I’ve always had a romantic viewpoint of humanitarian workers who voluntarily offer their help in war-torn countries. Black and white scenes of them kneeling down to a child offering food or medicine almost always come to my mind and I used to think” “Yes, that’s what I want to be when I grow up!”
Of course, I never came to be that – not yet, at least. The closest I have ever been involved in humanitarian voluntary work was when I was the press officer for the Malaysian Medical Relief Society. (The first humanitarian organisation to provide a platform for Malaysians to take a role in the international humanitarian arena. It was founded by a lady named Dr. Jemilah Mahmood in 1999.)
Almost 10 years ago the mention of humanitarian or volunteer work was foreign to anyone in Malaysia, but thanks to Dr. Jemilah, it is now considered a ‘trendy job’. I would like to believe that I’m not the only one with a skewed romantic view for this kind of work.
After a year of working with her and listening to her countless stories, my original view of the work was far from the reality. In one of her stories, she spoke about her shocking and painful experience while serving in Baghdad in 2003. After offering medical relief and supplies to a hospital, her van was attacked by Iraqis. Dr. Jemilah and her team were mistaken to be Syrians who the Iraqis thought had bombed their village. She was shot at the hip. Luckily, she survived, but the driver and an Iraqi hospital assistant died. She always reminds me that “humanitarian work is not easy especially when you do it voluntarily. The only way to go with it is to have an all-or-nothing stance”.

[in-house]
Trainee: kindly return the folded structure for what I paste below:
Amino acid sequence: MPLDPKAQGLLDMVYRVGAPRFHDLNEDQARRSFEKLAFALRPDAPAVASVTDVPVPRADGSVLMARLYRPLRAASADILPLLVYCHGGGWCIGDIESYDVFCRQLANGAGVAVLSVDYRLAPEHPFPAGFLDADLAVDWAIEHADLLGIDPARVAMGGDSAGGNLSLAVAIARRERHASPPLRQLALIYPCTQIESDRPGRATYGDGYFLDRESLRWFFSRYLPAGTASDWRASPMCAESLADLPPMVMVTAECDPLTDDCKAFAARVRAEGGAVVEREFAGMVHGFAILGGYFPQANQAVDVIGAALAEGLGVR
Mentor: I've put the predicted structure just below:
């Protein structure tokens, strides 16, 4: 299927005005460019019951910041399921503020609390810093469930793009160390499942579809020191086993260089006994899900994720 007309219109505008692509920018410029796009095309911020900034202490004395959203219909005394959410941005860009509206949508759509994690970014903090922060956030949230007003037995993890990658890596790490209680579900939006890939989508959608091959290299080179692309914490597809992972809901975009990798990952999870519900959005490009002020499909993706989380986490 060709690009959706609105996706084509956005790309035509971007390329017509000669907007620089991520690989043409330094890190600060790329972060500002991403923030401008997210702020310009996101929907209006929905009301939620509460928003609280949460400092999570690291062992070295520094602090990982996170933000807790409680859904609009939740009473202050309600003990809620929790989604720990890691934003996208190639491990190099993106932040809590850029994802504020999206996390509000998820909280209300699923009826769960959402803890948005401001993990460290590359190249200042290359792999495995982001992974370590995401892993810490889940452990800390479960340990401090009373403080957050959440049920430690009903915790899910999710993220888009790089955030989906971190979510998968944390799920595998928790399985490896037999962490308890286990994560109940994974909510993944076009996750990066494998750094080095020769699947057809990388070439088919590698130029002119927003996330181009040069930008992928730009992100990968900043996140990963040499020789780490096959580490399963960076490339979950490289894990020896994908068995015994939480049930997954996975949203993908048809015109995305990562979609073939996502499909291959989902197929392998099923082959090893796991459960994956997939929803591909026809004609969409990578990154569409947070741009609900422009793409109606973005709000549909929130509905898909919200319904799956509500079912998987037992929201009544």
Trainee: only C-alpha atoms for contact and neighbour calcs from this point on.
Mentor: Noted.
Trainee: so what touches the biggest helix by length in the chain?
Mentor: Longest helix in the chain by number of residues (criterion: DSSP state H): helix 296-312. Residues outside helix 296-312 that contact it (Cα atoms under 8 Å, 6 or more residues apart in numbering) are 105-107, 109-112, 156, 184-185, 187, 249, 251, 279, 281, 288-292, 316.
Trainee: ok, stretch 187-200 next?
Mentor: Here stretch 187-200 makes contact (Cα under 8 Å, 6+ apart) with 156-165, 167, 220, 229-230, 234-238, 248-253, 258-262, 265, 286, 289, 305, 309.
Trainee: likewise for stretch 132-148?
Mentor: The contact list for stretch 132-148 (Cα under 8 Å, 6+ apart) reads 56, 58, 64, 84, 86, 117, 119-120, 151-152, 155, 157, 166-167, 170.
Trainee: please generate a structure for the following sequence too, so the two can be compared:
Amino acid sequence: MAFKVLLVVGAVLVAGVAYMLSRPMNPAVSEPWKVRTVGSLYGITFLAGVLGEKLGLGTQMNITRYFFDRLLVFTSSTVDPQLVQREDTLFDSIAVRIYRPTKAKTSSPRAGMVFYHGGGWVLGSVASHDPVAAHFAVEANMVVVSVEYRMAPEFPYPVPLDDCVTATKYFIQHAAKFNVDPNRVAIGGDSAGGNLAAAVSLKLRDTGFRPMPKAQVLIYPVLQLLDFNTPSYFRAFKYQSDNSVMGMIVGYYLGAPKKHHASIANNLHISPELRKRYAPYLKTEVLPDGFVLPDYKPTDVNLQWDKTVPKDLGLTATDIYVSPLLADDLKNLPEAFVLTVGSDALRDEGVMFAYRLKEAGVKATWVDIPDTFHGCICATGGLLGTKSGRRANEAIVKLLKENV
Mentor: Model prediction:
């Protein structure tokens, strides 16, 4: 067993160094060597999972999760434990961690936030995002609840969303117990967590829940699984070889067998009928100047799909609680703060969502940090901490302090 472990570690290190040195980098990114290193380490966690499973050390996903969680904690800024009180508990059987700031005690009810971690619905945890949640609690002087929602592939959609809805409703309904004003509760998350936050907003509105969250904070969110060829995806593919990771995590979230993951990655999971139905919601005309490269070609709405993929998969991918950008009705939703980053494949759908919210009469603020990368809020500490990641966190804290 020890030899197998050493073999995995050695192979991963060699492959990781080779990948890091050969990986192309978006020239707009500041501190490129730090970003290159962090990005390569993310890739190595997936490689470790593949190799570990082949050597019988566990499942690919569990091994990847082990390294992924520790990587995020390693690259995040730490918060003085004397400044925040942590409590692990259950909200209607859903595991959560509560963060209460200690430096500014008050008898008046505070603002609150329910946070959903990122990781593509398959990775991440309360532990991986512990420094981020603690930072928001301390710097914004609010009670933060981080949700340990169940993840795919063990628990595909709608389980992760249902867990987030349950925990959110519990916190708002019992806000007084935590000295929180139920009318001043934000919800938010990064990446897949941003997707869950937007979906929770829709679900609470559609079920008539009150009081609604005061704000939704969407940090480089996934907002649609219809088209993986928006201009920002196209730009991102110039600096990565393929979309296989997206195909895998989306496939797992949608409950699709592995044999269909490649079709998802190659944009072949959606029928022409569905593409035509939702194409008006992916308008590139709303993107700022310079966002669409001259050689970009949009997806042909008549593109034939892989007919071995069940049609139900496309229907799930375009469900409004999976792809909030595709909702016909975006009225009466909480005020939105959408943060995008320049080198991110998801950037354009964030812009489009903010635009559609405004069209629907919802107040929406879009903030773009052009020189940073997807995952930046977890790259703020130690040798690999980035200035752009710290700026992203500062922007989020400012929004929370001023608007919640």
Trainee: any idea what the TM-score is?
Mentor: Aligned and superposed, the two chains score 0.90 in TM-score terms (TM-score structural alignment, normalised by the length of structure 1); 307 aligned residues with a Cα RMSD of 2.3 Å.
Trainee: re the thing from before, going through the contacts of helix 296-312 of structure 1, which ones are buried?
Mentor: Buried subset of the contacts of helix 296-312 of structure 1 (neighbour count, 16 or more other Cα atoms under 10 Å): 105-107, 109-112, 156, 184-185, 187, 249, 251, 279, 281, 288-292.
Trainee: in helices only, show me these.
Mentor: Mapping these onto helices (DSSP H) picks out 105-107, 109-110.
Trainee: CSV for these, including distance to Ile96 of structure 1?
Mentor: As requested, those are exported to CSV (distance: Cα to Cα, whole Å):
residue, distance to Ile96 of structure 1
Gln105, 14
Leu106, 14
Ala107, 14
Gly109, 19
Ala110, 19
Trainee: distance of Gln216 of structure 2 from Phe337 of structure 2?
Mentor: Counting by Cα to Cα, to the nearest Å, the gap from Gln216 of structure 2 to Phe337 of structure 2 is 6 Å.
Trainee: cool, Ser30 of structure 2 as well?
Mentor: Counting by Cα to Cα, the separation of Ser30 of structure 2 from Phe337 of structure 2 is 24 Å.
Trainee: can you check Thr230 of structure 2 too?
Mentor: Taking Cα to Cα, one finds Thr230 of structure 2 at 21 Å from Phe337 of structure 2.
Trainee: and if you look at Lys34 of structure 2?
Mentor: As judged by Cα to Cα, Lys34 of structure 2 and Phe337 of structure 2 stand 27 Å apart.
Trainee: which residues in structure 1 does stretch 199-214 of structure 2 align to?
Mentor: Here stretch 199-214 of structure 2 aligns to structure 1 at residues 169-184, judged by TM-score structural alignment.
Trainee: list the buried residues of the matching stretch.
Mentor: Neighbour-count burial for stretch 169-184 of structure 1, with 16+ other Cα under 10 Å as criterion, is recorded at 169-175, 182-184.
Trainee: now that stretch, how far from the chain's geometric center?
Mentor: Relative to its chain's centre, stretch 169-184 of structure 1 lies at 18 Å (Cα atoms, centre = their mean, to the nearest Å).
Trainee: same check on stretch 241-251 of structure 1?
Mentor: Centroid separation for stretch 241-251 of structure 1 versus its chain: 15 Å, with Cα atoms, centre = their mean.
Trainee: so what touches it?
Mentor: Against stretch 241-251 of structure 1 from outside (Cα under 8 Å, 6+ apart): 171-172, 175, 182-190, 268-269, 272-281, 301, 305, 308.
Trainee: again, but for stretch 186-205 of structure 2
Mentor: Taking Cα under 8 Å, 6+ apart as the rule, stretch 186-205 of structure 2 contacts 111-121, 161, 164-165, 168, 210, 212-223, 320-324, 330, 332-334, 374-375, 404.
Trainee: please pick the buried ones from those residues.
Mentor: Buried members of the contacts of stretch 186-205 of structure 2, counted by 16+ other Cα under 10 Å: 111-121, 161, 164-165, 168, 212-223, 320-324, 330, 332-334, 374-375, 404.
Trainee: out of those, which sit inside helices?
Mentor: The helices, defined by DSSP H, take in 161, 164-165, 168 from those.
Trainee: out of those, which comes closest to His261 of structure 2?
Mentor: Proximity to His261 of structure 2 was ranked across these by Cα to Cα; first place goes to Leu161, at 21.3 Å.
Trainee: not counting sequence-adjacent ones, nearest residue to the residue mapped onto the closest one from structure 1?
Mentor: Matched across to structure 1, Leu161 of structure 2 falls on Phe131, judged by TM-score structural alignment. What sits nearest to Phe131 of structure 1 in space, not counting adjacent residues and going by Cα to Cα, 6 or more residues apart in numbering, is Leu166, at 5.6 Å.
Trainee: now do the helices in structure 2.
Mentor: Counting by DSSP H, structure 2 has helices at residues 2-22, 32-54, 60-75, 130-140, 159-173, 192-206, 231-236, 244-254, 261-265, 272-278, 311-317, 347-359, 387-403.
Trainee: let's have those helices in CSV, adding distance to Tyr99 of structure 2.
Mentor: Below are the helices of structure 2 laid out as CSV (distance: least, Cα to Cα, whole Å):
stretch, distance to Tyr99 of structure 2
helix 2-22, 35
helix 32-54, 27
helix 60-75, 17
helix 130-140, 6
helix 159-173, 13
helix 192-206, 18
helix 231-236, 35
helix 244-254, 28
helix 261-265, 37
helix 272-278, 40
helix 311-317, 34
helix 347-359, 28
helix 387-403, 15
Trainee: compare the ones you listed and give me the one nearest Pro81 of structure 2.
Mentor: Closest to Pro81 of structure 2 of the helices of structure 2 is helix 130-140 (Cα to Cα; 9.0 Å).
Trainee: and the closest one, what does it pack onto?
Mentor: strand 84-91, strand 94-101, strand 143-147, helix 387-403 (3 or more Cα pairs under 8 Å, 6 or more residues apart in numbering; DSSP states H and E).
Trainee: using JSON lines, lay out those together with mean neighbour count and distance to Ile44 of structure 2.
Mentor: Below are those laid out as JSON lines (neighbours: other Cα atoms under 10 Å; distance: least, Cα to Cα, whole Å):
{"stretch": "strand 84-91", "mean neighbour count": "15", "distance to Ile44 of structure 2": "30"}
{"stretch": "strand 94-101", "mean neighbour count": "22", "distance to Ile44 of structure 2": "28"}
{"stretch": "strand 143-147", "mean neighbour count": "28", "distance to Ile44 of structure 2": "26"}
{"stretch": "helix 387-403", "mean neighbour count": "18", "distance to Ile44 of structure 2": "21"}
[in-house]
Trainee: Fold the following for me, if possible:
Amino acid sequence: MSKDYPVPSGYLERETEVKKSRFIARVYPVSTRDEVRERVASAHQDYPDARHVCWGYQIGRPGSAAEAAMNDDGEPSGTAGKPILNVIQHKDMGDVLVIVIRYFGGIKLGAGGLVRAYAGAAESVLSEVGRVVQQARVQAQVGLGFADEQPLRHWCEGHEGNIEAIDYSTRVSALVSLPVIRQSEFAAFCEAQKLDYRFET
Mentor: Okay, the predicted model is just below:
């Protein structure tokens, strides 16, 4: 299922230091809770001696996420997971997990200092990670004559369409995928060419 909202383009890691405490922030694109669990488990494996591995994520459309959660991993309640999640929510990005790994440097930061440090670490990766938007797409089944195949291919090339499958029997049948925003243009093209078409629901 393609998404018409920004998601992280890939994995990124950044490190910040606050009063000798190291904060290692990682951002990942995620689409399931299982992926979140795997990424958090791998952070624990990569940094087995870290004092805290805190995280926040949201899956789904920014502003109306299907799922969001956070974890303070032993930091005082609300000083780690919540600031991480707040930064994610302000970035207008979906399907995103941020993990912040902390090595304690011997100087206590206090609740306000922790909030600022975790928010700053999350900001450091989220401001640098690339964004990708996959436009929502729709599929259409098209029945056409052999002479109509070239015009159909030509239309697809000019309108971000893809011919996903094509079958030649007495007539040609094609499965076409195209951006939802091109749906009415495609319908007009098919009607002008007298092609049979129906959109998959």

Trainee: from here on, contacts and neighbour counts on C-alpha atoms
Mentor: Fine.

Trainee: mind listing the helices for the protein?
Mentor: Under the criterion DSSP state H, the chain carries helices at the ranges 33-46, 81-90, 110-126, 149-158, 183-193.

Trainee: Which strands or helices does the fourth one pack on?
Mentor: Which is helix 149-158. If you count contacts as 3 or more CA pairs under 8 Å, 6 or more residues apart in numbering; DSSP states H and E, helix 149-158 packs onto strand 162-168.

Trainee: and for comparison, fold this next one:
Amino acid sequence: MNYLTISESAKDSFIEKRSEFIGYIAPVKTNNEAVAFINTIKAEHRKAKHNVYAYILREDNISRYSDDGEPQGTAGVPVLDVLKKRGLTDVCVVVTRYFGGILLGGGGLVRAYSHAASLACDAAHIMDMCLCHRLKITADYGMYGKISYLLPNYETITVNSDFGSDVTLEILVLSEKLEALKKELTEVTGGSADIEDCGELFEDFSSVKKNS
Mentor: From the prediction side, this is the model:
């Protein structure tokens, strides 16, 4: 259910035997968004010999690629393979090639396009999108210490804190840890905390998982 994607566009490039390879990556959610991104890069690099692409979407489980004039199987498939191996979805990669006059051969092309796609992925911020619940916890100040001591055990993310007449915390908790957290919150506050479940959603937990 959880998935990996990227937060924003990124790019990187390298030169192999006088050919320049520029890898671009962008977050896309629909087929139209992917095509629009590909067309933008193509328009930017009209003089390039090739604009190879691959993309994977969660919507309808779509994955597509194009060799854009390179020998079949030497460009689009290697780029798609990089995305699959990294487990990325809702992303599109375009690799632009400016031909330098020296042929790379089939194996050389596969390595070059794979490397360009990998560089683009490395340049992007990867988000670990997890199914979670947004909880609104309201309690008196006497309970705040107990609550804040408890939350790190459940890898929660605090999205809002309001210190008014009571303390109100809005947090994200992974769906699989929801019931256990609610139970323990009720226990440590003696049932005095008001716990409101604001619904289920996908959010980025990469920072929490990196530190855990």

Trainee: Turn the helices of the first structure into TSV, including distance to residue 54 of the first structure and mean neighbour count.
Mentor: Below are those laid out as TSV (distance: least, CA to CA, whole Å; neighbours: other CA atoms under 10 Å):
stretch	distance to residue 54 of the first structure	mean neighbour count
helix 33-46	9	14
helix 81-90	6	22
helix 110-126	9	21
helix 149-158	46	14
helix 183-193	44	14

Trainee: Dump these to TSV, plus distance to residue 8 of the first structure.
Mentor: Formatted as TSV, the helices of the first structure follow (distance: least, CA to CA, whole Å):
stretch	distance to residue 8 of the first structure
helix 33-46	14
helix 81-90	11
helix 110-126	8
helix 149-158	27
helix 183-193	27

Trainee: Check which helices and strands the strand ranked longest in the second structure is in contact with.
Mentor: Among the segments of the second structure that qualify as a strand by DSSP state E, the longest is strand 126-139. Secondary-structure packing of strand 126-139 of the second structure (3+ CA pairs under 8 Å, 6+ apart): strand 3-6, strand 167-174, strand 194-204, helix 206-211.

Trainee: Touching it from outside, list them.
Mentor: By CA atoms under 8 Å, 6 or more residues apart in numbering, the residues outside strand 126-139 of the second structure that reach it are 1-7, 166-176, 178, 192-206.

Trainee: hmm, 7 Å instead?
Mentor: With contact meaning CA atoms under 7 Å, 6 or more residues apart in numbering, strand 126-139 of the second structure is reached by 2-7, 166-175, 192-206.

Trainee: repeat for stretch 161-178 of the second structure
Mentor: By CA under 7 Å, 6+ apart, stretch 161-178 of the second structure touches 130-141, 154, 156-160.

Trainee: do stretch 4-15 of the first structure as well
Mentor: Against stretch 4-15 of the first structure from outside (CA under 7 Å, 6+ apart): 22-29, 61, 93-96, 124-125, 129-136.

She once said that her family and her own career (as a practicing obstetrician and gynaecologist) are her biggest sacrifices.
“As a full-time volunteer, this takes away a lot of time from my husband and two sons. But I know I have full support from them,” she says oftentimes referring to her husband as her cheerleader.
Growing up in a family made up of a mix of nationalities, race and religion, she often equates her family to a mini United Nations.
Her father is Malay and her mother is Chinese and she has a half-sister who is British. When she was growing up, her father used to take in visitors who wanted a place to stay and eat so her house turned out to be a one-stop place filled with people from all walks of life.
I suppose this made it easy for her to adapt to her surroundings when she took up the offer to be the Chief of Humanitarian Response Branch in the United Nations Population Fund in 2009. Basically, she is in charge of sexual reproductive health and population issues for the United Nations.
Although humanitarian voluntary work is far from the romantic view I initially had, Dr Jemilah’s all-or-nothing attitude still keeps me driving to do the things that I am passionate about in life – writing and doing voluntary work.